The emphasis in Leviticus 24 is justice. The emphasis in Matthew 5 is grace. If we wish to discipline with fairness and equity, both justice and grace should exercised as appropriate for each individual and situation.

How do we act with fairness and help those in our circle of society who are poor or otherwise disadvantaged? Should we just express sympathy? Should we show them compassion or show them the door? Should we give handouts and treat them with favor? We can gain some insight on how we should treat the poor, and especially those within our church, by looking at the year of Jubilee mentioned in Leviticus 25.

The word “Jubilee” in the Hebrew language literally means “ram's horn,” the blowing of which announced the beginning of that year. Later in the LXX (the Greek translation of the Hebrew text), the word was translated “release” to epitomize the function of this year of celebration (The Bible Knowledge Commentary of the Old Testament by Walvoord and Zuck, ©1985, p. 210). According to Leviticus 25 the year of Jubilee was held every fifty years and started with a trumpet blast of a ram's horn on the Day of Atonement (in late March or Early April). During this year long celebration there was a Sabbath (rest) of the land with no planting, tending, or harvesting, and each person returned to his family property and to his own clan. Each person, whether rich or poor, ate off the land from what could be reaped without planting or tillage. Nothing was to be harvested and sold. If property or people were sold to compensate for unpaid debts, the masters could not keep them permanently, but landowners and masters were to be stewards of God's property and people for all or part of each fifty years. God is the one who retained ownership. How do we view the possessions and positions the LORD has given us? Do we view ourselves as owners or stewards?

The poor people of their land were not to be taken advantage of; they were not to be sold as slaves but serve as indentured servants, and they were to be released in the year of Jubilee. They were not to be ruled over ruthlessly; the masters were to remember that the poor were God's servants, not their slaves. Even foreigners living among the Israelites were not allowed to keep them as slaves in the year of Jubilee. There was release and joy in the year of Jubilee. The Year of Jubilee for the Israelites can be compared to the Christian Jubilee. By his sacrifice for us, Jesus Christ redeems us and gives us freedom from our slavery to sin to serve our God (more...). Whether rich or poor, we are spiritually all the same. Romans 6:17-18 says,

But thanks be to God that, though you used to be slaves to sin, you wholeheartedly obeyed the form of teaching to which you were entrusted. You have been set free from sin and have become slaves to righteousness. (NIV)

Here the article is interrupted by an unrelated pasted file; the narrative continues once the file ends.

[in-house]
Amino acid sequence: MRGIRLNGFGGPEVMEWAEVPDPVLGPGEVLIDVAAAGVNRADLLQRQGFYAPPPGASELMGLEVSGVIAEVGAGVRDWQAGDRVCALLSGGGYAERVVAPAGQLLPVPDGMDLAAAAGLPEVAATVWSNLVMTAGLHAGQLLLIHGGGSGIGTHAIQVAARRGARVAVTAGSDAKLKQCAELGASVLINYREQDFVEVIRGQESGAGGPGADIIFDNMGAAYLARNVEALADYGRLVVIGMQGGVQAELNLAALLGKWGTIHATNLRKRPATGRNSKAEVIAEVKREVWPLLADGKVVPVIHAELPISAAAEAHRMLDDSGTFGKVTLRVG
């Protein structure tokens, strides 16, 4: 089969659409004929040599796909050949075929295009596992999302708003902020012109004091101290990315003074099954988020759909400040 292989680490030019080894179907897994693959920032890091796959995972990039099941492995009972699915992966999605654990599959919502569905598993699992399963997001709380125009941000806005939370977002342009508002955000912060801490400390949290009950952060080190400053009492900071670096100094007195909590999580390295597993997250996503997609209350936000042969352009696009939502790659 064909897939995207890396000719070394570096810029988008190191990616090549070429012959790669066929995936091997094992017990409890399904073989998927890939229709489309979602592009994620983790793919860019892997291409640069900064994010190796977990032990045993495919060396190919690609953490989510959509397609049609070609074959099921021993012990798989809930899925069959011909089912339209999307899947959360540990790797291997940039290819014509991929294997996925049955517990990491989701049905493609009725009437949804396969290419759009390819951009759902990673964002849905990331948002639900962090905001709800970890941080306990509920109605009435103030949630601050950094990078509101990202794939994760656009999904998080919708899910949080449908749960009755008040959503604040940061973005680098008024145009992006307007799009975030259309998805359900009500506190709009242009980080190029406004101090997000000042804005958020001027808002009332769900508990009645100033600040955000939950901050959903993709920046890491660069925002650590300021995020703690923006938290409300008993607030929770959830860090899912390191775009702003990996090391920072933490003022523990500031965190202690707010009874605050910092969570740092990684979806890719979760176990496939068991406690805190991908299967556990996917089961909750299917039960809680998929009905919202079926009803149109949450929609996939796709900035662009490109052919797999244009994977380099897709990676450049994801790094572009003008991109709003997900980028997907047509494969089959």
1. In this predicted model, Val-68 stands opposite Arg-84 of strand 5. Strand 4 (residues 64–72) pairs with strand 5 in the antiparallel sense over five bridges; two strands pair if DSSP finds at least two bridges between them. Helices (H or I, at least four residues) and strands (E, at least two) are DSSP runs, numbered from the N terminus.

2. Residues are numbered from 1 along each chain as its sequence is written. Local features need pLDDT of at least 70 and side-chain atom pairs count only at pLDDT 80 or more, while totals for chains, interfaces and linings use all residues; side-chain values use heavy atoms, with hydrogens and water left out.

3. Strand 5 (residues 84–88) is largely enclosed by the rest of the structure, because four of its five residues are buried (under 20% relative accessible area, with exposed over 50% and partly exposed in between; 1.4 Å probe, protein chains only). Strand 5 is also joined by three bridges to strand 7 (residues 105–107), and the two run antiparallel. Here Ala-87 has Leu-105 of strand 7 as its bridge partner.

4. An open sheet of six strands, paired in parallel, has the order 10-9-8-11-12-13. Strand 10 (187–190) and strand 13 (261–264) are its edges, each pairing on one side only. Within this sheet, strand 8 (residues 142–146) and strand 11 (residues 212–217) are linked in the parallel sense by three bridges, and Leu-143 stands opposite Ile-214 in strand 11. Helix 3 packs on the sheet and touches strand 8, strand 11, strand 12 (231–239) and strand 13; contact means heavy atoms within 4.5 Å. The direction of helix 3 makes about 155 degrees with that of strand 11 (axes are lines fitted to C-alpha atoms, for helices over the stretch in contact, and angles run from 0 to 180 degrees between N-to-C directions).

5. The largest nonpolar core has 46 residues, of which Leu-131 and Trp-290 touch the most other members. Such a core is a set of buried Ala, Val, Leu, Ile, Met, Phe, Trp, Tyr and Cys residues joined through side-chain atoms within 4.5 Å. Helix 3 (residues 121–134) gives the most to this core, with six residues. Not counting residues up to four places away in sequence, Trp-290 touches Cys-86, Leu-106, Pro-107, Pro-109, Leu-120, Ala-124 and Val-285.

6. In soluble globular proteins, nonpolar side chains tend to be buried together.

Romans 6:22 says, “But now that you have been set free from sin and have become slaves to God, the benefit you reap leads to holiness, and the result is eternal life,” (NIV). Praise God!

Galatians 5:1 says, “It is for freedom that Christ has set us free. Stand firm, then, and do not let yourselves be burdened again by a yoke of slavery.” (NIV)

More instructions about the year of Jubilee are given in Deuteronomy 15:7-15. When poor Israelites were released, the masters were not to be hard-hearted and tight-fisted. They were to be generous to the poor, supply them liberally, and give them a new start in life. They were to think soberly; the masters were also once slaves in Egypt before the Lord liberated them.

How should we then treat the poor today, especially those of the faith? A summary of Luke 4:18-19, Galatians 2:10, and Galatians 5:13-14 reminds us that God forgave our debts and gave us freedom. We need to remember the poor, liberally providing for their needs and giving them a hand up. We are not to selfishly think of ourselves but serve one another. We should do this as stewards of God's possessions and as brothers in Christ, remembering how God redeemed us. That is how we express God's grace.

Lessons to live by:

  • Consider yourself first - are you doing anything against God or man that could incur punishment or discipline?
  • Those who act in rebellion against authorities deserve the strictest of discipline.
  • Discipline that is fair and administered with an even hand usually stops inward fighting.
  • We are stewards of all that God has given to us.
  • The Christian Jubilee can be compared with Christ's sacrifice - he gives us freedom from sin to serve our God. That is God's grace to us. Hallelujah! (more...)
  • We should help the poor and disadvantaged as stewards of God's possessions and as brothers in Christ, remembering how God redeemed us. That is how we express God's grace.

Today’s Bible memory verse:

Micah 6:8 “He has showed you, O man, what is good. And what does the LORD require of you? To act justly and to love mercy and to walk humbly with your God.” (NIV)